Following my various pages on local Daoist traditions scattered around north Shanxi (Shuozhou, Tianzhen, Guangling, and Datong county!), I now return to Yanggao county, my main base, for a little survey of some other groups besides the Li family Daoists of Upper Liangyuan.
From my book and film on the Li family (and throughout this site) you can already see that Yanggao is still a hive of Daoist activity, Until the 1950s over twenty Daoist groups performed ritual around Yanggao county (see map). Here I will give brief sketches of three more lineages with a long Daoist history, who are also still active today.
My first visit to Yanggao in 1991 left me with an indelible impression of the splendour of Li Qing’s Daoist band in Upper Liangyuan; but only since 2011 have I been able to focus on their rich family tradition, now handed on by Li Qing’s son Li Manshan. As we see further below, they are among several Daoist bands still active in this area south of the county-town.
Meanwhile the northern area of Yanggao (along the east–west corridor between the county-town and the Great Wall just north) is similar in ritual style, but has its own sphere of ritual activity, based on the temple life of the villages in between the town and the Great Wall just north. Indeed, while it may be less accomplished ritually than bands on the plain to the south like that of Li Manshan, it seems to be a more active scene for temple activity, and richly deserves detailed ethnographic study.
The Li family of Luowenzao
Several Daoist bands are active performing rituals in this northern zone. Most illustrious is another Li family (not related to that of Li Manshan further south)—based in Luowenzao township, in between Yanggao and Tianzhen county-towns—which also goes back some eight generations.
We met them in summer 1992, towards the end of our long trek through central and north Shanxi.
Li Yuan 李元 (b.1928. A fine Daoist name!) was the seventh generation of household Daoists in his lineage, his two sons (along with his sons-in-law) the eighth. As well as yinyang, they are known as erzhai 二宅 (locally pronounced erze)—a term rarely heard on the plain just south, but common in Datong county just southwest. Like others groups in Yanggao, they belong to the Orthodox Unity branch.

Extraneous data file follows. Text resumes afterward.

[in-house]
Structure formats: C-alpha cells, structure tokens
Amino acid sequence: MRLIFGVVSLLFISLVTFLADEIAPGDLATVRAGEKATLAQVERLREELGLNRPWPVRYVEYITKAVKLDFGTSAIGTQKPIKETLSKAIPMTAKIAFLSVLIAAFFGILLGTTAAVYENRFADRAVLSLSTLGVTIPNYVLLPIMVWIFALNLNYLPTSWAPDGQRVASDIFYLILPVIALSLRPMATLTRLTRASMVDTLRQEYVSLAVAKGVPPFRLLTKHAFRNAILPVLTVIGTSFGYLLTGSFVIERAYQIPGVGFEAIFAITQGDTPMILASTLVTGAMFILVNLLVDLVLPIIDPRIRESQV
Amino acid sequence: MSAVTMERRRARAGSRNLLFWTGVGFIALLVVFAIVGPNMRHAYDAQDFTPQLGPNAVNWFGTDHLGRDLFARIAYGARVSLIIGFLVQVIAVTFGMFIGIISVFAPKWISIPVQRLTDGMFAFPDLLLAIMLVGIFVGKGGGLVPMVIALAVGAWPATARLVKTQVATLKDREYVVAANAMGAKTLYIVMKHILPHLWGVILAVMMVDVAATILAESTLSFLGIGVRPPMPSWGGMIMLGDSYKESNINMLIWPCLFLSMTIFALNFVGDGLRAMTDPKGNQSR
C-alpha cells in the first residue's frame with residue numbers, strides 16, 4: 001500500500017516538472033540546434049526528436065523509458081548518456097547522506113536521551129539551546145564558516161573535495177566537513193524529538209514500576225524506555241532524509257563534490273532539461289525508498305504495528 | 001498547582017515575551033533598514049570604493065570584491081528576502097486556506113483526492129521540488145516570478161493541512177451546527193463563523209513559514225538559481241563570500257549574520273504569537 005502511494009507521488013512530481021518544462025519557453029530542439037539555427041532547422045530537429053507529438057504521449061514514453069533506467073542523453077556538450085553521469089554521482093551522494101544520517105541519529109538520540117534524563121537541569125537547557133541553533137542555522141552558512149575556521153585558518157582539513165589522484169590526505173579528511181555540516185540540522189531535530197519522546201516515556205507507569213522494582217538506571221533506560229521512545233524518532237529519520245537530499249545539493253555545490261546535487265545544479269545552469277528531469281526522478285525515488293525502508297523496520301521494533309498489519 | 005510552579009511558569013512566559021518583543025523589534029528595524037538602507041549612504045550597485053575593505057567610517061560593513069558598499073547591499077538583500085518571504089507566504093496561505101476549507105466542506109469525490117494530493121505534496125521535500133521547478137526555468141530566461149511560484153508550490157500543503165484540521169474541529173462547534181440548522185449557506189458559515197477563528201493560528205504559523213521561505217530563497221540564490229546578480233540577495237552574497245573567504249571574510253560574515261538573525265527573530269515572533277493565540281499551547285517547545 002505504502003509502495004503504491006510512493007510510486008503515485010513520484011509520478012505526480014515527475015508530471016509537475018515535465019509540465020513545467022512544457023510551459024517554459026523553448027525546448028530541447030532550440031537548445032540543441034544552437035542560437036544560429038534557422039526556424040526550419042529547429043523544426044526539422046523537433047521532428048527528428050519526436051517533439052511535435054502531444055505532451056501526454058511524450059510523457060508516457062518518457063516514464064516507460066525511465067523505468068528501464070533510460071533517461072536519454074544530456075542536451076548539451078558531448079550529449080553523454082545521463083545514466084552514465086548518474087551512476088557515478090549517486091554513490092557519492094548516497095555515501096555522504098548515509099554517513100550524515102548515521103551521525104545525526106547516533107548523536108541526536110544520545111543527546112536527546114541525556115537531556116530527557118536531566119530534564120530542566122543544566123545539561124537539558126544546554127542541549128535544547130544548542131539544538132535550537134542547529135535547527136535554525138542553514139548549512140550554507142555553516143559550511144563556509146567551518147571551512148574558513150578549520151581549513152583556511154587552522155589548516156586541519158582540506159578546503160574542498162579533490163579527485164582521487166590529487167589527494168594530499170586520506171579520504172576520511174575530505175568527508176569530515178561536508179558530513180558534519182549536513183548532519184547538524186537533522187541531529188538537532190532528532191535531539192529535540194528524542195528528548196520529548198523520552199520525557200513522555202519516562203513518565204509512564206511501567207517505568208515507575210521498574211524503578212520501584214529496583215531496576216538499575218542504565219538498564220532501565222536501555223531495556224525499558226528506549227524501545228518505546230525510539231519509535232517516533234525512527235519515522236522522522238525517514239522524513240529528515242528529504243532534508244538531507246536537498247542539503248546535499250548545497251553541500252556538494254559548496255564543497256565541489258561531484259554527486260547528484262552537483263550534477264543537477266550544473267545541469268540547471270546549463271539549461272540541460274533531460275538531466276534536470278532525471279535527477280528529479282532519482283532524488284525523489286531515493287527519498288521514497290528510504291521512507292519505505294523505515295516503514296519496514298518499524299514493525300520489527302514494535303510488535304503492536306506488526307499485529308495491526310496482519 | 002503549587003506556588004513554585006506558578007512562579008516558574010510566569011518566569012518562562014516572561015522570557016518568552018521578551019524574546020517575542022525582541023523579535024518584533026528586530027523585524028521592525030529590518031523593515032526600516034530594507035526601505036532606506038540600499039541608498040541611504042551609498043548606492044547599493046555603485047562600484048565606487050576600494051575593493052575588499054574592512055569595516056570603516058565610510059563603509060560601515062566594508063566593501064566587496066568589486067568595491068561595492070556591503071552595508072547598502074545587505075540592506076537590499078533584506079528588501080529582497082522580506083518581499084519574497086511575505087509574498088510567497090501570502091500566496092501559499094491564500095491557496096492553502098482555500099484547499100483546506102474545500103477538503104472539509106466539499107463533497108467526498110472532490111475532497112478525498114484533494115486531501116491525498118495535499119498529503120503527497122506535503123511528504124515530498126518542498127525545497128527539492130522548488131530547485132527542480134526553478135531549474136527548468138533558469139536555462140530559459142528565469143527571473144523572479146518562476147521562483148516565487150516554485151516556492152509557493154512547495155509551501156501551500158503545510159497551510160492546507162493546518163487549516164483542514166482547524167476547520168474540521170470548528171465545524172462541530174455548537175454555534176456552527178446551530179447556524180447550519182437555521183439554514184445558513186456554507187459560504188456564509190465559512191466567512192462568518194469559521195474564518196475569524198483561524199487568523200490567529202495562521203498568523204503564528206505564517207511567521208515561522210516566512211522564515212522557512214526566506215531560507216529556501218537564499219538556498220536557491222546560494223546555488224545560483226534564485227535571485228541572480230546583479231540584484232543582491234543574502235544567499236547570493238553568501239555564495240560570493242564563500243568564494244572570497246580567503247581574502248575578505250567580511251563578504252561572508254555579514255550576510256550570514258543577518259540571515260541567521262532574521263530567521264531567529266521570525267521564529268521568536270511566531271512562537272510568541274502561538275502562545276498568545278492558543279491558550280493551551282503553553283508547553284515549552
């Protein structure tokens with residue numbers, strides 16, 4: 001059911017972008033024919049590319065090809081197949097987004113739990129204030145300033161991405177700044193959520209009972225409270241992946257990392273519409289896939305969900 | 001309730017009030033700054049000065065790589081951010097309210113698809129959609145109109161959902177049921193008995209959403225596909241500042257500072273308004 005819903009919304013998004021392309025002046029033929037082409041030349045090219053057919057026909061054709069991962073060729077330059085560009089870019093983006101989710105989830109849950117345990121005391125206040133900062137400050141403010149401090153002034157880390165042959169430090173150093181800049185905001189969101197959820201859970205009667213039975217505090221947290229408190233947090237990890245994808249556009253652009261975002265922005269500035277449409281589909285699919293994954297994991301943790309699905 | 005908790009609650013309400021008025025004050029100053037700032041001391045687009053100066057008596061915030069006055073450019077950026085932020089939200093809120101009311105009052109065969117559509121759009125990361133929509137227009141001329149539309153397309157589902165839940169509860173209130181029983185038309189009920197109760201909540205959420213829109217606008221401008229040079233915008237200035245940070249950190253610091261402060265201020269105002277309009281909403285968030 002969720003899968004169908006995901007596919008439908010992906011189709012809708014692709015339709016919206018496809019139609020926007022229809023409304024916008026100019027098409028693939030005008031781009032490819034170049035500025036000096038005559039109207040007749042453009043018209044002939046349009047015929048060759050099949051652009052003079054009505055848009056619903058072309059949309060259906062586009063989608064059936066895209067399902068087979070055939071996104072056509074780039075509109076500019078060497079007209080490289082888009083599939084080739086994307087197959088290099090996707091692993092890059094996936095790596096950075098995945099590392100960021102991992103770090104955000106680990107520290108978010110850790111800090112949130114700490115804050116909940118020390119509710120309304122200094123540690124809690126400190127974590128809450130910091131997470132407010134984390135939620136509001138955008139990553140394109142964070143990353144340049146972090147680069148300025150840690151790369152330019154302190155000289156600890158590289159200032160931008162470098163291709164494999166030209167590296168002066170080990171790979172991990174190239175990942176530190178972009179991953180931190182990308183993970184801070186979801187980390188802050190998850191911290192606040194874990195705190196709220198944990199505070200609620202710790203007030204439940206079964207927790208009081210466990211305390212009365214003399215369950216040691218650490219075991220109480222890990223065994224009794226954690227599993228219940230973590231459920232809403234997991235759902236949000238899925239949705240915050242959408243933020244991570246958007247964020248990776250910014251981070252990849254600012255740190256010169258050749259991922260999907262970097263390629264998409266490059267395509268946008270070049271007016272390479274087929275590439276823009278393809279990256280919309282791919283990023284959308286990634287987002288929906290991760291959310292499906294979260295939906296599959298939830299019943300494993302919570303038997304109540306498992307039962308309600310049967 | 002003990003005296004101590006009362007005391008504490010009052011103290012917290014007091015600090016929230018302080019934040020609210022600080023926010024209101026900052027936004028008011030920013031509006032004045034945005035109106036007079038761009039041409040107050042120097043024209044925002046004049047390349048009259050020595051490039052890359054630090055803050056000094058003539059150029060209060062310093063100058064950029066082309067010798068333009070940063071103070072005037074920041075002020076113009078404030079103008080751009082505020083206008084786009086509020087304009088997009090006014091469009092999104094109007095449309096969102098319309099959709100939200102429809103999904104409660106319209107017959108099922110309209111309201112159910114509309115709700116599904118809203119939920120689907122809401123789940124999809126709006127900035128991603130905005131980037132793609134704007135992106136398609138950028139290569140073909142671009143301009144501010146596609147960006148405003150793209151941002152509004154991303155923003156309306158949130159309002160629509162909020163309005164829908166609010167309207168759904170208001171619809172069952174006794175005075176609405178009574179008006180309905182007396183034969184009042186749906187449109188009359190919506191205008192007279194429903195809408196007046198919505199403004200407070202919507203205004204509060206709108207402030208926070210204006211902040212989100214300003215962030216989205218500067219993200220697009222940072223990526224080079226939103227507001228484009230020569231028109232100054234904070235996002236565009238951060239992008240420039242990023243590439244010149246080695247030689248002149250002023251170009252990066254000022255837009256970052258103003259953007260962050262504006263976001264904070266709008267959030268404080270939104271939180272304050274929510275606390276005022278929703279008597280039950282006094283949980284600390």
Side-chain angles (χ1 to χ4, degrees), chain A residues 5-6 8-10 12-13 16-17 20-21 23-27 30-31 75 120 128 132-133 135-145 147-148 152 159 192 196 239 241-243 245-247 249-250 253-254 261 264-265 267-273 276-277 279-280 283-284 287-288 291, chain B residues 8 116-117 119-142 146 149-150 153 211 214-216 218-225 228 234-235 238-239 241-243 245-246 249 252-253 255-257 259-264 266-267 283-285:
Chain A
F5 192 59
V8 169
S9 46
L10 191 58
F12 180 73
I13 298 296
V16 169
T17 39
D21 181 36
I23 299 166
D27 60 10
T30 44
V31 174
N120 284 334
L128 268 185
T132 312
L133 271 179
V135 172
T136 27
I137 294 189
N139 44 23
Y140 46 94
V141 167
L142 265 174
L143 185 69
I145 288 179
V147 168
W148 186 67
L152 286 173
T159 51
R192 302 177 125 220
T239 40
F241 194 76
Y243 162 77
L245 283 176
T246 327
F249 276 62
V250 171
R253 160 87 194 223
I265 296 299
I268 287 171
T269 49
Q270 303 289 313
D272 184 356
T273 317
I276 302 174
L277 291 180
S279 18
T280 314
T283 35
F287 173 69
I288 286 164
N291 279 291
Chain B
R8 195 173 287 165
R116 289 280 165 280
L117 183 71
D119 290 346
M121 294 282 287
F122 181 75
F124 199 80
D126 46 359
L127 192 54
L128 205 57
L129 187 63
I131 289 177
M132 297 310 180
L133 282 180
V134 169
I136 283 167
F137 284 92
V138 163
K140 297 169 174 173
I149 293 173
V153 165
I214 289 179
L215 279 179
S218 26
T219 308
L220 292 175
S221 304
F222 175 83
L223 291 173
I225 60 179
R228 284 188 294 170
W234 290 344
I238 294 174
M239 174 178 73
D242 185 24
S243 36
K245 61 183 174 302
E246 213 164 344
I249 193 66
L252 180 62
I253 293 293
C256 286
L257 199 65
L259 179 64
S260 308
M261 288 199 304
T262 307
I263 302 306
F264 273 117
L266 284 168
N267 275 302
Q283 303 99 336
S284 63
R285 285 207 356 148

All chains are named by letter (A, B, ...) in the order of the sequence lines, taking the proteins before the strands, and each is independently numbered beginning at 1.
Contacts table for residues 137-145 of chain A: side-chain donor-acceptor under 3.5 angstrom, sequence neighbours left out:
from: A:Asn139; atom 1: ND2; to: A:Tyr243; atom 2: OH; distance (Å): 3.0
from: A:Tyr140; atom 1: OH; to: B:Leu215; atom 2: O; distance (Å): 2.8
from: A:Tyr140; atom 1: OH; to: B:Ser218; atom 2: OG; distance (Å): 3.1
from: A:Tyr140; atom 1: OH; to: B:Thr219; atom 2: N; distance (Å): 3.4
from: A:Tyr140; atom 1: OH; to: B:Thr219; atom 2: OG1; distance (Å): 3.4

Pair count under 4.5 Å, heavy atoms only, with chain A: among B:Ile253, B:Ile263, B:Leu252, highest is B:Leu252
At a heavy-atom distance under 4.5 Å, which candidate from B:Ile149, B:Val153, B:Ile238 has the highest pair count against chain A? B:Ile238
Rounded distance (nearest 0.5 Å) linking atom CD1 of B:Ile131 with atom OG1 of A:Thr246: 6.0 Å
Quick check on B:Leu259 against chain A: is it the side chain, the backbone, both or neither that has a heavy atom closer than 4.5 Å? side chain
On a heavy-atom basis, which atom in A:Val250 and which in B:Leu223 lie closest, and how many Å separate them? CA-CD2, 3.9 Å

Alas, we had too little time to chat with him in depth, so we didn’t clarify his family history.
While their repertoire of eight ritual suites for shengguan ensemble, and their attendant scale system, seemed to be even more extensive than among bands further south, it had also declined in ritual practice. We did attend a funeral that his band were doing at Zhuanlou village, where we again found the Hua family shawm band (see the amazing video of Greater Yanluo).
Returning to my base further south in Yanggao, here I won’t describe other active bands—those of the Wangs of Baideng, Li Hua (b.1951, son of the great Li Peisen in Yangta), and Li Hou (b.1955, son of Li Yuanmao, in Swallows Nest (Yanwo)—all related to the Lis of Upper Liangyuan. I introduce them briefly in my book.
Li Hua chatting, 2013. Li Hou, Yanwo 2013.
But two further Daoist lineages nearby have a long relationship with the Li family of Upper Liangyuan; and as we saw, since Li Manshan and Li Bin need to supplement their core group locally both from the ranks of other Daoist lineages and shawm bands (all the more when having to provide two or more concurrent funerals), members of these lineages still often work for the Lis today.
The Yan lineage of Wangzhuang
I came across the Yan band in 2001 at a funeral in their home village of Wangzhuang 王庄, with the venerable Yan Sheng 闫生, then 86 sui, leading.
This Daoist lineage also goes back several generations, and younger scions continue to practise, like Yan Xuewen 闫学文 (known as Sanyou 三有), a regular dep for Li Manshan and Li Bin.
The Yuan lineage of West Shuangzhai
Nearer Upper Liangyuan is West Shuangzhai 西双寨, where the Yuan lineage of Daoists also goes back several generations.
Apart from learning within his own family, Yuan Lishan 袁利山 (b.1955) was a disciple of Li Qing, frequently working in his band. He later went on to lead his own group, which is also in considerable demand.
His older brother Yuan Wushan 袁武山 (b.1947) works separately—sometimes for the Li band.
Another highly accomplished Daoist was their cousin Yuan Gaoshan 袁高山 (1960–2013), who is much missed (see my film, from 21.32).
A nephew Yuan Xuedong 袁学东 (known as Hesheng, b.1974) also deps regularly for the Li family.
So while the Li family Daoists of Upper Liangyuan are most esteemed throughout the whole area (and my book and film on them are rather comprehensive!), they are part of a much wider ritual network, both in Yanggao and other counties of north Shanxi.
 This account is based on fieldnotes from 1991, 1992, 2001, 2003, and since 2011. For more, see my book; Wu Fan, Yinyang, gujiang; Chen Yu, Jinbei minjian daojiao keyi yinyue yanjiu; and Zhang Zhentao, Chuipo pingjing.